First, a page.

But before we conclude, a word about mountains. I must admit, I like mountains very much, and have spent time among them, sometimes hiking up them, sometimes skiing down them, occasionally first one and then the other. And mountains have always held an important place in Jewish tradition. We sang a Psalm earlier tonight, Psalm 121, Esa ainai el heharim, I lift up my eyes to the mountains from where my help comes, one of many Psalms and prayers that center on the mountains. Various mountains feature prominently throughout Biblical and ancient Jewish history. Among the many heights ascended in the Tanakh are two mountains that rise above all others spiritually and are truly central to Jewish tradition: the Temple Mount in Jerusalem, which remains both focal and controversial today, and Mt. Sinai. We can talk about the Temple Mount another time. But tonight, a little more about Mt. Sinai.
I have a personal story about visiting Mt. Sinai. Four years ago on this very night, the Sabbath evening of Shabbat Yitro, during my sabbatical journey around the world, I traveled to all of the holiest places on earth in a bit less than three months, visiting the greatest sacred sites of every major religion. Perhaps the most important place I wanted to see, on a personal level, was Mt. Sinai, or at least the place most people believe was the traditional location of Mt. Sinai. It’s 140 miles from Sharm el Sheikh in the southeastern part of the Sinai Desert, in Egypt, a place called Jebel Musa in Arabic. I decided that I would hike up Mt. Sinai on the Shabbat when we traditionally read the Ten Commandments from the Torah in synagogue, Shabbat Yitro, this very Shabbat—and ascending it overnight when I reached the top I would chant those Ten Statements, the Aseret HaDibrot, in Hebrew at dawn.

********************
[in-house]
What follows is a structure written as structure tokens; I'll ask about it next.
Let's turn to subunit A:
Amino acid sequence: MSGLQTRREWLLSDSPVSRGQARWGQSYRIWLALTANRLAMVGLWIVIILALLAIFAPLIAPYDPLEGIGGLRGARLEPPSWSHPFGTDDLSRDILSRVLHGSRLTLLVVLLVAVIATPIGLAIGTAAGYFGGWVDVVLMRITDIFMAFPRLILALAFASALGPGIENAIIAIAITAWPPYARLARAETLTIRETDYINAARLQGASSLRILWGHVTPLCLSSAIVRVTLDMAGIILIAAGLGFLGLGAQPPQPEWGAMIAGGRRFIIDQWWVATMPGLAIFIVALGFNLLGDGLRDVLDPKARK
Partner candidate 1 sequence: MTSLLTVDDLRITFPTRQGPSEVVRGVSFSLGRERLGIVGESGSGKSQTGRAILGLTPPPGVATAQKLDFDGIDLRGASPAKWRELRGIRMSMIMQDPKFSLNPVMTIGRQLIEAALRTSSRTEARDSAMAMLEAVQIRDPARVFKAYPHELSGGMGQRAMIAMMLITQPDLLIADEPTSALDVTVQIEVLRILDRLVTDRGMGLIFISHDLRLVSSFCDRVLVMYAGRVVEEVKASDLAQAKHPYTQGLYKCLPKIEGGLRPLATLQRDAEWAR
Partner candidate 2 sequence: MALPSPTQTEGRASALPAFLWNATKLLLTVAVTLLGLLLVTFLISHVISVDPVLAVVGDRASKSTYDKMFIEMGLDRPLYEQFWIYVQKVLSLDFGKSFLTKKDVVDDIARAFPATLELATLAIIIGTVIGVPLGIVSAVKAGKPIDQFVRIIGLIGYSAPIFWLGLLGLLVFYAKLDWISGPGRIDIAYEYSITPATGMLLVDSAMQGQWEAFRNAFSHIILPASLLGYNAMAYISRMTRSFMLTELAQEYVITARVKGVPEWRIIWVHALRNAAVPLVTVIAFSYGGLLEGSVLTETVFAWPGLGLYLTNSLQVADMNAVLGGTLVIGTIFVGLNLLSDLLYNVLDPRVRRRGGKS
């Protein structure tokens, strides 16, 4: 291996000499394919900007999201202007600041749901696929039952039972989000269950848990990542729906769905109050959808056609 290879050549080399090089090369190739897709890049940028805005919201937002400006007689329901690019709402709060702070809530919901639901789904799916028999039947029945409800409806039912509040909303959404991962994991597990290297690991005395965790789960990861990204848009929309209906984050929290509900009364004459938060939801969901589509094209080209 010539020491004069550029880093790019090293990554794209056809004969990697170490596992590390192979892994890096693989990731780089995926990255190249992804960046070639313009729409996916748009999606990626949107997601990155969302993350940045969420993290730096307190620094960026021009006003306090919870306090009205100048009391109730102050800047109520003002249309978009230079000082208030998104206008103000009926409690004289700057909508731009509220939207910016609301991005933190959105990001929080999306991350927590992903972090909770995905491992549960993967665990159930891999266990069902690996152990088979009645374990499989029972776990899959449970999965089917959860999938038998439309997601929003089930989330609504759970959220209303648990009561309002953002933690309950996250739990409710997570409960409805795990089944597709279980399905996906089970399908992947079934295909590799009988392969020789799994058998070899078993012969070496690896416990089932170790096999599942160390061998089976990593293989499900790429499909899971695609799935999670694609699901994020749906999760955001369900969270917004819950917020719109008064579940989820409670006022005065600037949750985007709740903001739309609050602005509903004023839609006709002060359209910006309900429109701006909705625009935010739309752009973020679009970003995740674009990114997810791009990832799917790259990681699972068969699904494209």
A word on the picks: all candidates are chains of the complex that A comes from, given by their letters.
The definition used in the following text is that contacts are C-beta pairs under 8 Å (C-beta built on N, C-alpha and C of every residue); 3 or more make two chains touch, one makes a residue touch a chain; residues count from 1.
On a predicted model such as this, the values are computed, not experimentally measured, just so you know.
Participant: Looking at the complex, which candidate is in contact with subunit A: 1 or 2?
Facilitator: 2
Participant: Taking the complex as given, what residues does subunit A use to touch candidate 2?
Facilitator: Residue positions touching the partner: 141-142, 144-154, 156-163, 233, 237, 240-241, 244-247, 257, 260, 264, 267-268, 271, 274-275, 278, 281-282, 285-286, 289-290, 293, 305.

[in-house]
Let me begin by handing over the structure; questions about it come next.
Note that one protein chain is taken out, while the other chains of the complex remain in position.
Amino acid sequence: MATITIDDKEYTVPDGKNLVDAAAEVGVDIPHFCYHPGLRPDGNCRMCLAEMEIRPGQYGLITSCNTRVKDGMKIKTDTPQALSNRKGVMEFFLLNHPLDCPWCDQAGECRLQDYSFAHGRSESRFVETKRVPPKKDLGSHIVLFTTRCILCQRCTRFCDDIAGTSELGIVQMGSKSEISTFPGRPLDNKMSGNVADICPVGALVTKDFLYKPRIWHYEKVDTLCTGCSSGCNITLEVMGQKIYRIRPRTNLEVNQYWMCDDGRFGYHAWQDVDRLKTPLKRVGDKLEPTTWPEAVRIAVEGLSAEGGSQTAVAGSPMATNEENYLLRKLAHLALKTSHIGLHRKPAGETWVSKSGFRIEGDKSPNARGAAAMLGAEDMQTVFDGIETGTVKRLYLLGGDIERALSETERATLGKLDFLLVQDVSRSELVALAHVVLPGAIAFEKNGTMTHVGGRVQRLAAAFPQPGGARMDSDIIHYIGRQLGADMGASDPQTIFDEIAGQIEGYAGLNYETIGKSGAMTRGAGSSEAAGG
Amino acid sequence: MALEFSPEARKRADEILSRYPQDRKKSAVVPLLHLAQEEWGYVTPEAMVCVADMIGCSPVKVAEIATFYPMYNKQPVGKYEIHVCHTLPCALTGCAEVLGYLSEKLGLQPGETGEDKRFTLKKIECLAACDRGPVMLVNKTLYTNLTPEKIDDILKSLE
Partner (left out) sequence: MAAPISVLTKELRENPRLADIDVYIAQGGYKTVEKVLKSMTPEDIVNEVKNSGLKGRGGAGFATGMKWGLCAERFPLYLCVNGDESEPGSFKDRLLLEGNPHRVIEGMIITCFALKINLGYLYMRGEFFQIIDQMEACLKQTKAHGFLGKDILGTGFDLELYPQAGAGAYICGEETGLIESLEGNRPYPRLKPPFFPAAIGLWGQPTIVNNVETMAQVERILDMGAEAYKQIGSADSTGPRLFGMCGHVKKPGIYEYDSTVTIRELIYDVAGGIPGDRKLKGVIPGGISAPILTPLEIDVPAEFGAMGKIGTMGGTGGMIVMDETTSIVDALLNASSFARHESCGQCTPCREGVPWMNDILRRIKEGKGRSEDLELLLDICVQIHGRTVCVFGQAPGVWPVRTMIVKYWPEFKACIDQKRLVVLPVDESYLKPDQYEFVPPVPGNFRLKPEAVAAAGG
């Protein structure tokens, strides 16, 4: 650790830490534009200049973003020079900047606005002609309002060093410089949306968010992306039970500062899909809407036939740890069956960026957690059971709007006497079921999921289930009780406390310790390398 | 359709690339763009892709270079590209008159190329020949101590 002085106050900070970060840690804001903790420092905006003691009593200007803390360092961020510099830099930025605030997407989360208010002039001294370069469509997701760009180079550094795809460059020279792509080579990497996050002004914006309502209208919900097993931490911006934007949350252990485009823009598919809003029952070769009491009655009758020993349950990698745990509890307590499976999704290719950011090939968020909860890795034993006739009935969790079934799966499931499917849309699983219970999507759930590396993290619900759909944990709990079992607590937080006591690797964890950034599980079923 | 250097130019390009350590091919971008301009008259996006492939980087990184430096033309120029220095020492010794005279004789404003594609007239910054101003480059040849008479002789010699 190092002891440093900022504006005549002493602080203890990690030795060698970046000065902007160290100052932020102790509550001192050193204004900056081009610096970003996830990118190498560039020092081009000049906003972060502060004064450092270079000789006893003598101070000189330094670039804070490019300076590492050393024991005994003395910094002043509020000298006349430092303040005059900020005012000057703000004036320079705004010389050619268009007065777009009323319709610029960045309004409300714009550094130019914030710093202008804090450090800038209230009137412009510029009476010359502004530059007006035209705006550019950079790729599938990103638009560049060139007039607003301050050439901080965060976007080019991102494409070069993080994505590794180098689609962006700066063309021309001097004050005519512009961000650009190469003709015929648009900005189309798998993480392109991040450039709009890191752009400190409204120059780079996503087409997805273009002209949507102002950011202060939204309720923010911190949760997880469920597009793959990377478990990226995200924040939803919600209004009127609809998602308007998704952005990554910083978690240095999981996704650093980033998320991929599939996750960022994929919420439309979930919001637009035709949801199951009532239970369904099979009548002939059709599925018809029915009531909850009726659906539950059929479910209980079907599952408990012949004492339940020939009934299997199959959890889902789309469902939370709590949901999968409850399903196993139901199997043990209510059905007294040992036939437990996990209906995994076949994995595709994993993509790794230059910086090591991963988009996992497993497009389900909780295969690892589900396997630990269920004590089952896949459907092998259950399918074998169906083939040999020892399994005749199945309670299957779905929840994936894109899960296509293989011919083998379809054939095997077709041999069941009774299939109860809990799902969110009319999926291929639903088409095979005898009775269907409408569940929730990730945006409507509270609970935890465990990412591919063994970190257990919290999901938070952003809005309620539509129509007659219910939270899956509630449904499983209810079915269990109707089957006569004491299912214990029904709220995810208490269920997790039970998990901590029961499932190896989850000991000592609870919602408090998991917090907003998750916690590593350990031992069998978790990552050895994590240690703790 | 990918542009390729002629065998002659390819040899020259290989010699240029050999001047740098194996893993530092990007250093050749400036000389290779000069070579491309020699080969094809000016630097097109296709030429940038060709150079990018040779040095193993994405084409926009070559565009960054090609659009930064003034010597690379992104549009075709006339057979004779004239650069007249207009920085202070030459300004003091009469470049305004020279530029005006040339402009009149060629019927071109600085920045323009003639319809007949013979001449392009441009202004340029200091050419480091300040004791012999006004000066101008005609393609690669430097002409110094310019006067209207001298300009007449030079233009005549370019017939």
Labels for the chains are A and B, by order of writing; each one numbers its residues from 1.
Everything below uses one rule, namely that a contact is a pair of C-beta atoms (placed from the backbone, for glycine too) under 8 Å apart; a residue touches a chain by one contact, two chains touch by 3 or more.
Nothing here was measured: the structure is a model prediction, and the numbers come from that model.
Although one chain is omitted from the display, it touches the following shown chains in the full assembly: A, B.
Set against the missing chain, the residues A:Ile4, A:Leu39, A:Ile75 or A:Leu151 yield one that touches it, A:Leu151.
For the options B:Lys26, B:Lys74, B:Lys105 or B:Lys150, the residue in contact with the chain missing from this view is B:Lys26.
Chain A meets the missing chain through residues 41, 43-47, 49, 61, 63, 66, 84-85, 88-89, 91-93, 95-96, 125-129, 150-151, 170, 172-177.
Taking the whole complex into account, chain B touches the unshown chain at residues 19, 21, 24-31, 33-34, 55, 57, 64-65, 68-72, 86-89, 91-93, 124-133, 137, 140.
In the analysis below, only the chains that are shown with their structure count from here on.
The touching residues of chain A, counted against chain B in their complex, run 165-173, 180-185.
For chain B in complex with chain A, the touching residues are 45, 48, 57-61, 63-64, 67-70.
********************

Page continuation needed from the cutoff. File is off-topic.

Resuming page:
The full story of my journey to the mountaintop that day included nearly as many twists and turns as the Biblical narrative of our ancestors’ travels to the same place. As it turned out, it involved a convoy of military vehicles escorting our mini-bus—and others—to protect us from terrorist attack, long delays and confusing instructions, lack of water and organization and the kind of oddities and insecurities that can accompany travel in that part of the Middle East. Eventually, very short of sleep, water and food, tired from the climb up to the 7500 foot peak, I had the rare experience of standing in what is truly an awesome place, the top of Mt. Sinai, watching rose-fingered dawn spread from jagged peak to peak across that stark and amazing wilderness. And I chanted the Ten Commandments in Hebrew—from my iphone app, of course—while around me other people were reciting the Koran or singing Christian hymns or meditating. It was weird, and gorgeous, and moving, a once-in-lifetime experience.